The 4-6 month transition period provides a short-term reprieve for businesses that are dependent on data flows between the EU and UK and so on a practical level, data transfers can proceed in accordance with the GDPR prior to the EU Trade Deal.

 

An adequacy decision from the EU is not guaranteed: businesses should adopt a risk-based review of their arrangements in order to ascertain what plans can be implemented in the event that there is no adequacy decision and the current transition period is not extended. This should include consideration of safeguards for the protection of personal data.

 

Businesses that deal in and receive data between the UK and EU should:

  • Review their current contractual arrangements and establish the risk and disruption to their business which may arise if no adequacy decision is achieved and the transition period is not extended, as this would involve entering into legally recognised safeguards (such as the standard contractual clauses issued by the European Commission).
  • Review future contracts and standard terms of business in order to ensure that the risks are allocated as intended and costed appropriately and that the relevant data protection provisions remain up to date following Brexit (for example, references to data protection laws or terms prohibiting ex-EU transfers of data may need updating).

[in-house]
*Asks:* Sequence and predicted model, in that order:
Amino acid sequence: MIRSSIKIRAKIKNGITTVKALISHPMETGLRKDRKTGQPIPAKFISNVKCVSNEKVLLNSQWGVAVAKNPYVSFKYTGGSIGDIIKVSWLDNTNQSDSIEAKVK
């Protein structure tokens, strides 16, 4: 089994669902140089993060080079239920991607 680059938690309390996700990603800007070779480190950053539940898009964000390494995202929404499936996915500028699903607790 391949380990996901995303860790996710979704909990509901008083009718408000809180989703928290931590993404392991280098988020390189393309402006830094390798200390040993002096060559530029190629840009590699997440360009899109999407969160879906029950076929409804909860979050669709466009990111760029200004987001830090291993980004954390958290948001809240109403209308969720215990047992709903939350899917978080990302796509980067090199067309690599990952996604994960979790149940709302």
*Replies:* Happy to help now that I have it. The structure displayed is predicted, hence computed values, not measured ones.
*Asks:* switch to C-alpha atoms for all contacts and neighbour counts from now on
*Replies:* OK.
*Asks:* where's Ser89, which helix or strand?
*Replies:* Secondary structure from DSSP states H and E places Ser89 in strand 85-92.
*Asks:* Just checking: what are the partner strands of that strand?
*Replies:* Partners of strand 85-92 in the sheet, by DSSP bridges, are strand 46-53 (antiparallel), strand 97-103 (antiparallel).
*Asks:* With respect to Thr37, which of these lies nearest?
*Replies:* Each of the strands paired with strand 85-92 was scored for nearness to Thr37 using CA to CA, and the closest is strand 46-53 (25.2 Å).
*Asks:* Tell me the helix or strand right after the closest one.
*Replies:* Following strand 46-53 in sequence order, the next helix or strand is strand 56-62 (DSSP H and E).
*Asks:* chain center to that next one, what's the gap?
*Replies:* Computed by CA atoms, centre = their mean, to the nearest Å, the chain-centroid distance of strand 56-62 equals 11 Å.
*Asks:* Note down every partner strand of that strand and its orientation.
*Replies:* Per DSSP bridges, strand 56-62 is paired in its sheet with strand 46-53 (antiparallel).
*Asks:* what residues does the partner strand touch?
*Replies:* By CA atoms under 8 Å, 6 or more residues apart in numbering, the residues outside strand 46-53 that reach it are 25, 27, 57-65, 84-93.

• Appointment of a Representative within the EU may be required for UK companies that are processing EU citizen data.

Haulage by Air and Road – Transport and Travel Overhaul

Summary

Action Points

For the Aviation Sector, UK carriers:

  • have lost traffic rights within the EU - they can carry passengers and cargo between points in the EU and the UK, but not between two points in the EU.
  • cannot operate passenger flights onwards to or from the EU (e.g London-Amsterdam-Bangkok).
  • will need an agreement with the relevant Member State to allow onward carriage of goods to/from a third country (e.g. Paris-London-New York).

In terms of road haulage, only basic cabotage is allowed. EU and UK hauliers can move goods to and from any point in the other party's territory, but UK hauliers can only perform one cabotage operation.

The new position for aviation will no doubt be a blow to an industry hugely affected by Covid-19. Unless there is a further agreement on the topic (perhaps unlikely whilst EU carriers will also be suffering from Covid-19 strain) the UK-based aviation sector will need to adjust on a permanent basis to the restrictions on their business model.  

Road hauliers and those depending on it will need to come to terms with the added complication (and inconvenience and possible delay and increase in costs) that arises from the new restrictions on UK road hauliers. The restriction to one cabotage operation in particular may cause some decrease in efficiency and lost opportunity. Hauliers should:

  • Review their current haulage contracts to ascertain to what extent the losses flowing  from decreased efficiency and lost opportunity can be passed onto customers.
  • Update pricing models for new contracts to account for the less flexible trading environment.

 

Energy & Climate - Regulation Overhaul

Summary

Action Points

Great Britain is no longer part of the EU ETS (European Union Emissions Trading System) or the European Atomic Energy Community (Euratom) and cannot trade nuclear material and technology with Euratom. Northern Ireland Electricity Generators continue to participate in the EU ETS to preserve the SEM (Single Electricity Market) with Ireland.